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  1. #1
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    Two hardware questions from new-ish cyclist

    I'm a new casual cyclist with an '09 Fuji road bike. I've spent enough time on it to feel comfortable with the basics of biking safety and to get past saddle soreness.

    I'm developing an interest in the hardware and mechanics of my bike - starting to learn about the workings of the gear and brake systems. This is partly just academic curiosity, and partly practical: my rear gear has been missing a lot during shifting (sometimes taking as many as two revolutions to fully engage) and clicking a fair amount during ordinary riding in some gears.

    So I have a few questions for everyone:

    (1) Any advice for looking into the rear gear? I've ordered a repair stand, and intend to prop up my bike to scrutinize the shifting mechanism in practice (with a textbook in hand) to learn how it works and what may be going wrong. Any advice for going about this process?

    Any thoughts about the prognosis of the gear? Is this the type of problem that can be fixed through amateur maintenance or needs professional repair? And is this typically solved by adjusting the derailleur, or should I be expecting the need to replace significant parts of the gear?

    Finally - where do I draw the line between minor home maintenance and taking the bike to a cycling shop? I'm not about to start unbolting anything critical to the stability of the bike, but I'd also like to improve my understanding of the mechanism and start developing hands-on experience.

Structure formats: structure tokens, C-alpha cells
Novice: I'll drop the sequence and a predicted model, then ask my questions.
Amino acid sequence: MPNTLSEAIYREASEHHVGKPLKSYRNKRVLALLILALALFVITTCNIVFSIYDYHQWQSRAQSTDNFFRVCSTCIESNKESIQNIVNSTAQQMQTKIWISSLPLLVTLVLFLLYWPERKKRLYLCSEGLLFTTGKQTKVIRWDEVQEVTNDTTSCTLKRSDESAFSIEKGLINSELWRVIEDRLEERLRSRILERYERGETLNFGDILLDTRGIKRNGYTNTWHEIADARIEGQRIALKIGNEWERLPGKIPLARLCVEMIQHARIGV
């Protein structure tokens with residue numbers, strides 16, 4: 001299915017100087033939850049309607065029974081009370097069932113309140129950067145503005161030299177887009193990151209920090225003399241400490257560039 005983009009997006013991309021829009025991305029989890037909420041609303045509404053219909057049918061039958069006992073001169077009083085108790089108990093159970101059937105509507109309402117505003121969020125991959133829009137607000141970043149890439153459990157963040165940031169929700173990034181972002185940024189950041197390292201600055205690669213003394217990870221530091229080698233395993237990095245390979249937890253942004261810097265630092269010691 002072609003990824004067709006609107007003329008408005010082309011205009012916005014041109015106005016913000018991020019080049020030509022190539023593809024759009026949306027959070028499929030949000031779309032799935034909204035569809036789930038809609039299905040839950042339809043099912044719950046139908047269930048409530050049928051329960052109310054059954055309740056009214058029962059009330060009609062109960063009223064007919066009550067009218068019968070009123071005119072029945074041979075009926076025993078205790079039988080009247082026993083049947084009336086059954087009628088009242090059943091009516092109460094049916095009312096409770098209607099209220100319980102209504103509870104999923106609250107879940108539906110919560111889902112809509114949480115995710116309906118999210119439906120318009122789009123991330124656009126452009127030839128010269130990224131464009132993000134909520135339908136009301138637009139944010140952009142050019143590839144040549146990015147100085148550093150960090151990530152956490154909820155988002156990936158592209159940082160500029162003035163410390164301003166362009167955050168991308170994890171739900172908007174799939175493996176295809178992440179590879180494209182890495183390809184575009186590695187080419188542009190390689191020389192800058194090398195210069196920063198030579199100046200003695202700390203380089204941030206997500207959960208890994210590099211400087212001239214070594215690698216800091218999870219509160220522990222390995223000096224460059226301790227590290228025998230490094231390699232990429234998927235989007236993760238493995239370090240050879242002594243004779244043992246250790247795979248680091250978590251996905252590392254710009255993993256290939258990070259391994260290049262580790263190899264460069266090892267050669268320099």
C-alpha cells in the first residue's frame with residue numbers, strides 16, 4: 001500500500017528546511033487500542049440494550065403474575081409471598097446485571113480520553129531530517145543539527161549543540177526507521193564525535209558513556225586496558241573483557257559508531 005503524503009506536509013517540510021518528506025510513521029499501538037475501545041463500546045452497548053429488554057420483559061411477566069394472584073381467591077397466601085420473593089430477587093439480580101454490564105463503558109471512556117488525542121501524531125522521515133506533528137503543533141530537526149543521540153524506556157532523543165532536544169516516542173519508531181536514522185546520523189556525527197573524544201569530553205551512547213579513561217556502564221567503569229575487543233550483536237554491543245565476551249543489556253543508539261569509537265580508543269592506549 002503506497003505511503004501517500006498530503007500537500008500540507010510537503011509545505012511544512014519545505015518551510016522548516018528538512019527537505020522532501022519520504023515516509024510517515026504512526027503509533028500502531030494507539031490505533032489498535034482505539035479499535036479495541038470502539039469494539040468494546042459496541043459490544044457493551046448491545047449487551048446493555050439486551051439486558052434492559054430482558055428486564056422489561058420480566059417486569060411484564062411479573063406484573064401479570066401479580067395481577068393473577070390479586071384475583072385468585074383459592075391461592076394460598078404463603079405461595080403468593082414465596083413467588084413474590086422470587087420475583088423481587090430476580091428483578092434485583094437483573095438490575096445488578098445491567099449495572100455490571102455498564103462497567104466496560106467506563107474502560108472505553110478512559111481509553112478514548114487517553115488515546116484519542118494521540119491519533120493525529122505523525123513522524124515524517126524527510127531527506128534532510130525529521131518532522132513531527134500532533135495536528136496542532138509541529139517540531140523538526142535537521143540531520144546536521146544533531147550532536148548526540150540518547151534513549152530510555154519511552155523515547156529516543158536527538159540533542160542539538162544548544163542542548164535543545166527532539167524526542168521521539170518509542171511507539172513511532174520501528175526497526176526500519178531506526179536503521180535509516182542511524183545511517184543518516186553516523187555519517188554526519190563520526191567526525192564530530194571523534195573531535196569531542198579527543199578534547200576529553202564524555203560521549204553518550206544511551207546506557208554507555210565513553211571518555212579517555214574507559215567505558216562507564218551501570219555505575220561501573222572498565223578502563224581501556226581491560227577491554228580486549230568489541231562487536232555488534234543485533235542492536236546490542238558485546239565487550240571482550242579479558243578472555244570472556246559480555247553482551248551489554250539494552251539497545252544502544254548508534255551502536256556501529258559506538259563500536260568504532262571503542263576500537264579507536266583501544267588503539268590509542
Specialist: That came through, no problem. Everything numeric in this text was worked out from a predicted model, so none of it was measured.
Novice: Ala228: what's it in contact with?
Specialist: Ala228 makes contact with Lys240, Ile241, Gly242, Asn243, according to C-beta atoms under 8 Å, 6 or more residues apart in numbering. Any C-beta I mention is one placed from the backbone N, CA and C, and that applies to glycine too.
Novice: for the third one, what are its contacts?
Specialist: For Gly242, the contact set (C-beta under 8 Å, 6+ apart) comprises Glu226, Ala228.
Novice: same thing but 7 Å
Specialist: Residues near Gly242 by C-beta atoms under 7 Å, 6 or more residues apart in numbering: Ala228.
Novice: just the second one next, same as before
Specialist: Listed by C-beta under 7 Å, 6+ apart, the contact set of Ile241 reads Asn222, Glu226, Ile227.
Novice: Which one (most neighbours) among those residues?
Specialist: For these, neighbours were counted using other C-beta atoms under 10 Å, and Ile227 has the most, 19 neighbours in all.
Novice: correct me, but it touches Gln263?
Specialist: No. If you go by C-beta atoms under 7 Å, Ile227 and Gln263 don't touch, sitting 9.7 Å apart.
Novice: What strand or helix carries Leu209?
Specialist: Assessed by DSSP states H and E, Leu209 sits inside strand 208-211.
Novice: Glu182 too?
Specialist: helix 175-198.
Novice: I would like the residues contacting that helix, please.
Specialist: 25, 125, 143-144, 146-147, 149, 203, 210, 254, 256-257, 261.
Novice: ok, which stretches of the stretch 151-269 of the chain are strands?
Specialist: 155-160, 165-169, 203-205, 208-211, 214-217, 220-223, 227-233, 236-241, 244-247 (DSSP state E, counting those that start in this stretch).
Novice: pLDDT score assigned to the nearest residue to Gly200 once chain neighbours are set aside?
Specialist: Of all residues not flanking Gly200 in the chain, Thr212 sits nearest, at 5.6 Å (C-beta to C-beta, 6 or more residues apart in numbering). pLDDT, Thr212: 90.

(2) Any recommendations for hardware upgrades that might improve the casual cycling experience?

    I'm definitely not looking to bling out my bike and don't care about status; I am a self-admitted casual cycling amateur. But I recently swapped out the pedals with some SPDs and a pair of cycling shoes, and I'm really happy with the experience. So this has started me thinking about other upgrades that might be appropriate for my situation.

    So - any recommendations? Saddle or tires, maybe? (I will gratefully accept "no, your bike is fine for your needs" as an answer.)

    Thanks in advance, everyone.

  2. #2
    Senior Member ChrisM2097's Avatar
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    Quote Originally Posted by sfsdfd View Post
    I'm a new casual cyclist with an '09 Fuji road bike. I've spent enough time on it to feel comfortable with the basics of biking safety and to get past saddle soreness.

    I'm developing an interest in the hardware and mechanics of my bike - starting to learn about the workings of the gear and brake systems. This is partly just academic curiosity, and partly practical: my rear gear has been missing a lot during shifting (sometimes taking as many as two revolutions to fully engage) and clicking a fair amount during ordinary riding in some gears.